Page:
Embracing Failure in the Classroom Setting

Until you make a mistake, you won’t know it’s a mistake.  

It was my first year teaching Science. I had covered everything my 4th graders could possibly need to know for the New York State 4th grade Science test, or so I thought. While grading the test, I noticed a question about states of matter, one my kids should’ve been able to answer easily. After all, I had seen them distinguish and give examples of all sorts of solids, liquids, and gasses.

Never in a million years, it had ever occurred to me that the word “state” might be a problem. You can be sure, though, the next year I explicitly taught students that “states of matter” in Science refers to whether something is solid, liquid, or gas and not the US state where it is located! Had I not made that mistake, I wouldn’t have discovered something very important about my kids and about teaching.

 

How do I recognize when I’ve made a mistake?

One of the easiest ways to recognize teaching mistakes is to use a tool like Swivl to record your teaching. You’ll want to allow yourself a moment as you watch your recording to deal with the less relevant questions such as “Why did I wear…?” and “Does my voice really sound like that?” Sometimes, you’ll already know you made some type of mistake (especially if a student pointed it out to you), but often you won’t realize it until you see it on video (or listen to a recording of the lesson). 

Consider using questions such as these to guide your reflection as you watch:

(Click on image to download your own copy)However, watching and identifying your mistakes isn’t enough. You have to be able to get past any “I can’t believe I did/didn’t do that” embarrassment to be able to determine how you can adjust your teaching. Reflecting on your teaching in this way allows you to hone your practice and find what works best for you and your students.

 

Shift your classroom culture to embrace failure.

Transforming your own thinking to the Growth Mindset (rather than the Fixed) can do wonders in promoting reflective learning in the classroom.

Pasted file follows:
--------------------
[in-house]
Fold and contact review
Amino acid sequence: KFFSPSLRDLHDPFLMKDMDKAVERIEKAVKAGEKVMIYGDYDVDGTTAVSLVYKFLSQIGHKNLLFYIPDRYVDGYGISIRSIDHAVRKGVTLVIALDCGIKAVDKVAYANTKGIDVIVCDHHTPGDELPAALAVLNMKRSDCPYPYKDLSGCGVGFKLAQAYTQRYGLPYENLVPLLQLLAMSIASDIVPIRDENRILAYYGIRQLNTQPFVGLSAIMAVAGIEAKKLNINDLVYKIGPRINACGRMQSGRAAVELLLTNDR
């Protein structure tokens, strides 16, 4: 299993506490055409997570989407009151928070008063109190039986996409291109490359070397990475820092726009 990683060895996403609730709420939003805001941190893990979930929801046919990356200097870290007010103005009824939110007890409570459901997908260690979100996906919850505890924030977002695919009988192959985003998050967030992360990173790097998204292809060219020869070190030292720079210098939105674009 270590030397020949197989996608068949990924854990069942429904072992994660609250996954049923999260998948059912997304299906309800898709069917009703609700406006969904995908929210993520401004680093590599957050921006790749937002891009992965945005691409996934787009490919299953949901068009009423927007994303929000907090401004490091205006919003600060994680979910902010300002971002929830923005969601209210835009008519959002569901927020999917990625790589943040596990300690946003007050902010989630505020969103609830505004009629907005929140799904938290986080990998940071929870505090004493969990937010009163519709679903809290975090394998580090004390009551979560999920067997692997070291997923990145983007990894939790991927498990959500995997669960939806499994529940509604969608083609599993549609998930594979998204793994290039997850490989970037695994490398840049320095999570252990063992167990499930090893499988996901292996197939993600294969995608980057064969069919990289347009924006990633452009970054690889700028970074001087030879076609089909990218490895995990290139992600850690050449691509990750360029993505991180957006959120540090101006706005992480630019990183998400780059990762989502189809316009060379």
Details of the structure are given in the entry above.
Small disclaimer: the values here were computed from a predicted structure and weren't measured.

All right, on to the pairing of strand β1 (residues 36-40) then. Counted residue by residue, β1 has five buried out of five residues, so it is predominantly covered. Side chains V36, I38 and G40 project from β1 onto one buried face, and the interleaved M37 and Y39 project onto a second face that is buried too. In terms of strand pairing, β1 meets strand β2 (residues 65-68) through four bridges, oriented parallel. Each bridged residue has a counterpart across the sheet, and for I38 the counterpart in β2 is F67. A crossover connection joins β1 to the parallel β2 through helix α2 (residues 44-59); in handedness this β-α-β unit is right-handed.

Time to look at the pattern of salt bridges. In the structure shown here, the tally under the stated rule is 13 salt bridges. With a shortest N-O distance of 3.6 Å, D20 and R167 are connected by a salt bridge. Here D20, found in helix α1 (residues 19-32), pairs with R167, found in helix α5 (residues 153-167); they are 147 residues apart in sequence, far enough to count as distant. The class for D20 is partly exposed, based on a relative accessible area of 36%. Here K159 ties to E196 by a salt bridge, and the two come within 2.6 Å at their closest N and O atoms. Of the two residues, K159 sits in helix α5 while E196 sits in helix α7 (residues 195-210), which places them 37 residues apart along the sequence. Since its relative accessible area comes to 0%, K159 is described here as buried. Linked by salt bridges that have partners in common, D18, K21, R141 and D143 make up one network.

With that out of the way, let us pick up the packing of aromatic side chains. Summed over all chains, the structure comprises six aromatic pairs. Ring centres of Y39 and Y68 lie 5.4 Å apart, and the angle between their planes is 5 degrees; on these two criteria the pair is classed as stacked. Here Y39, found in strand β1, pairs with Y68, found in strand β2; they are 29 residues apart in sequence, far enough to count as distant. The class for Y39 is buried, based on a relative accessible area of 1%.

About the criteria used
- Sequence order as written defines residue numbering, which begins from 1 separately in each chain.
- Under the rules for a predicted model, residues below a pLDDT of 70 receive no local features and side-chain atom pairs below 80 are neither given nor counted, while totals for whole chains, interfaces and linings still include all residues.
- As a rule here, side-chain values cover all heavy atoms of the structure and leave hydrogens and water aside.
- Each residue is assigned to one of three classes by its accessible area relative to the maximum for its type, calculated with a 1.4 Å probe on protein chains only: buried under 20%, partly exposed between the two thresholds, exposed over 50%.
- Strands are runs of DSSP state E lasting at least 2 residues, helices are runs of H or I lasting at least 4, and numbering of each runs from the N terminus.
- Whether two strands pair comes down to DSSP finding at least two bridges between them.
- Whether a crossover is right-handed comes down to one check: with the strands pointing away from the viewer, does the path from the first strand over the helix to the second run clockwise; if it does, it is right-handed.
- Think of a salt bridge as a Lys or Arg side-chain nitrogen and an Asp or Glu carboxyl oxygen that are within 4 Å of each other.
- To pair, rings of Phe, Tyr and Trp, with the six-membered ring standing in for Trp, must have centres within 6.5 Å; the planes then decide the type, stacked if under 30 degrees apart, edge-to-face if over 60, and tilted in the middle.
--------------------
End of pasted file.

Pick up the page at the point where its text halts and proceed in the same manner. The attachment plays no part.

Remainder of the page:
In a classroom where the dreaded red pen dominates, students often fear making mistakes. Their goal is to make as few as possible and hope that the mistakes they do make aren’t noticed. Consequently, they don’t try new and/or challenging tasks because they worry about being wrong. In addition to admitting your mistakes and learning from them, there are several ways you can promote this thinking in your students. 

  • Praise process rather than genius
    • For example, “You persevered so well through that task, trying 3 different strategies before finding the one that worked for you,” as opposed to, “You got the answer correct on this hard topic, you must be good at this topic” (see Carol Dweck’s video).
  • Question rather than correct
    • How did you arrive at this answer? What was your thinking in this part?  What steps did you take to solve this problem? Why did you take this step? Is there a rule we have learned that we could apply here? How do you know?
  • Analyze errors
    • In her video “My Favorite No,” Leah Acala utilizes a document camera to capture and share incorrect student answers. She guides the students through an analysis: What went well in the problem, determining where there was an error, why it was incorrect, and how to go about correcting it. (This could also be done with an interactive whiteboard, Google Drive, etc.)

As reflective practitioners, it is our job to continually learn and grow from our mistakes, teaching our students to do the same. Think about how you can put this into practice in your own classroom. How can you set up or continue a classroom culture that embraces failure?